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[jdbi3] Support optional clauses in SQL for bound optional parameters. #381

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qualidafial opened this Issue May 31, 2016 · 3 comments

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qualidafial commented May 31, 2016

There are lots of scenarios where you want to include/exclude a fragment from the SQL statement depending on what is bound to a particular parameter:

String SELECT = "SELECT * FROM something { id => WHERE id = :id }";

// these queries would be executed with the WHERE clause excluded:
handle.createQuery(SELECT).list();
handle.createQuery(SELECT).bind("id", null).list();
handle.createQuery(SELECT).bind("id", Optional.empty()).list();

// these queries would be executed with the WHERE clause included:
handle.createQuery(SELECT).bind("id", 1).list();
handle.createQuery(SELECT).bind("id", Optional.of(1)).list();

The { id => WHERE id = :id } is certainly up for debate--we'd have to ensure that whatever syntax we picked didn't conflict with valid SQL tokens.

This could be implemented in our default statement rewriters.

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christophercurrie May 31, 2016

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YMMV, but IMO this shouldn't be a design goal. First, this is the sort of thing that the StringTemplate statement locator does very well. While StringTemplate does not know about bind specifically, I see that as a feature; I want to be alerted when I forget to bind a variable, or bind one incorrectly. And I definitely want to think of LIST ALL and LIST WITH FILTER as distinct operations, because my database will treat them differently.

Using StringTemplate, the example provided is a straightforward as:

listAll() ::= <<
  SELECT id, data FROM something
>>

listById() ::= <<
  <listAll()> WHERE id = :id
>>

No, it's not as concise, but what it loses in brevity it gains in power; I can reuse the first part of the query in multiple variations, and have them be consistent, and I get protection from my own errors of forgetting to bind or accidentally binding in the wrong use case.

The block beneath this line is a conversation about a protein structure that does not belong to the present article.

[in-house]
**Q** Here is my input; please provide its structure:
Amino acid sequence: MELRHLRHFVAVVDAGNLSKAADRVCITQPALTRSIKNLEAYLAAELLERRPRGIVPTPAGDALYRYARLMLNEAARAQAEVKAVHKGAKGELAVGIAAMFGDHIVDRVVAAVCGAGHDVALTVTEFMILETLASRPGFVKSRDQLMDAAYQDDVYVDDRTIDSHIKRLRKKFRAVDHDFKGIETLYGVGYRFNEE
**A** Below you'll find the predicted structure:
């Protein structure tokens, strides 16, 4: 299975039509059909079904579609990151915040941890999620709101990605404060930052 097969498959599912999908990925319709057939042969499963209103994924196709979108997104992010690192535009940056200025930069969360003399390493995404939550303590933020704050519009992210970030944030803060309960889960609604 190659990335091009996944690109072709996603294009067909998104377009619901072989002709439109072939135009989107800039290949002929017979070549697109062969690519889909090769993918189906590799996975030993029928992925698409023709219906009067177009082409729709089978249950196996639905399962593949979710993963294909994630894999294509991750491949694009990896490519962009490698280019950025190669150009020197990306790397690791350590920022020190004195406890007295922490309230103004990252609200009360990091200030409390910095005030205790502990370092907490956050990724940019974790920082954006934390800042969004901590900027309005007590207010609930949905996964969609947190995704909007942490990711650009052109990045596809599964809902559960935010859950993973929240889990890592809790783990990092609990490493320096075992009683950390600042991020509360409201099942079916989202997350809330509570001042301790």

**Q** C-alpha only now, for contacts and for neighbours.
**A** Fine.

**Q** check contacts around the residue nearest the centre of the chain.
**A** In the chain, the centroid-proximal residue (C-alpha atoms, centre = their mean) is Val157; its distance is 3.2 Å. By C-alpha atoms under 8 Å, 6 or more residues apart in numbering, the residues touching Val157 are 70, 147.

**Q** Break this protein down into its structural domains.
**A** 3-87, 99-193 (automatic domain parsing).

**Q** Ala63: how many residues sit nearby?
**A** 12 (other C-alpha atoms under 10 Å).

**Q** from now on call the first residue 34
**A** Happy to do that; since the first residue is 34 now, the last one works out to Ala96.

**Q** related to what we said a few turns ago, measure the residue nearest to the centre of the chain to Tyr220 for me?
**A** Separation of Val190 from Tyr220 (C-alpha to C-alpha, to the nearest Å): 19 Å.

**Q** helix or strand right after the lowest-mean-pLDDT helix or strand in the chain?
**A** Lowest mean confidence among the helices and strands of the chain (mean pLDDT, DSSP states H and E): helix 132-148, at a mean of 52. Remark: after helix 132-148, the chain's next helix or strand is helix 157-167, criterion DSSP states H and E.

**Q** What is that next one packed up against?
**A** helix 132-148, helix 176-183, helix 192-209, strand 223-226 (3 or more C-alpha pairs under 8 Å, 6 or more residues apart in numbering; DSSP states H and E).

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christophercurrie commented May 31, 2016

YMMV, but IMO this shouldn't be a design goal. First, this is the sort of thing that the StringTemplate statement locator does very well. While StringTemplate does not know about bind specifically, I see that as a feature; I want to be alerted when I forget to bind a variable, or bind one incorrectly. And I definitely want to think of LIST ALL and LIST WITH FILTER as distinct operations, because my database will treat them differently.

Using StringTemplate, the example provided is a straightforward as:

listAll() ::= <<
  SELECT id, data FROM something
>>

listById() ::= <<
  <listAll()> WHERE id = :id
>>

No, it's not as concise, but what it loses in brevity it gains in power; I can reuse the first part of the query in multiple variations, and have them be consistent, and I get protection from my own errors of forgetting to bind or accidentally binding in the wrong use case.

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stevenschlansker May 31, 2016

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I too am somewhat "meh" on this feature. Another option that is not as concise but doesn't require any additional support:

... WHERE (id = :id OR :id IS NULL) which means if you do an explicit bind of NULL you get an "optional" parameter.

Maybe if you really want it, it's appropriate as a different standalone statement rewriter?

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stevenschlansker commented May 31, 2016

I too am somewhat "meh" on this feature. Another option that is not as concise but doesn't require any additional support:

... WHERE (id = :id OR :id IS NULL) which means if you do an explicit bind of NULL you get an "optional" parameter.

Maybe if you really want it, it's appropriate as a different standalone statement rewriter?

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qualidafial May 31, 2016

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The main value I was after was the ability to mix and match filters on queries, e.g. on a search form with multiple optional fields. However as @stevenschlansker pointed out, this is already possible within the SQL syntax:

SELECT FROM thing
WHERE (:createdOn.start IS NULL OR created_on >= :createdOn.start)
AND (:createdOn.end IS NULL OR created_on <= :createdOn.end)
AND (:name IS NULL OR name LIKE :name || '%')
AND (:id IS NULL OR id = :id)

Closing.

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qualidafial commented May 31, 2016

The main value I was after was the ability to mix and match filters on queries, e.g. on a search form with multiple optional fields. However as @stevenschlansker pointed out, this is already possible within the SQL syntax:

SELECT FROM thing
WHERE (:createdOn.start IS NULL OR created_on >= :createdOn.start)
AND (:createdOn.end IS NULL OR created_on <= :createdOn.end)
AND (:name IS NULL OR name LIKE :name || '%')
AND (:id IS NULL OR id = :id)

Closing.

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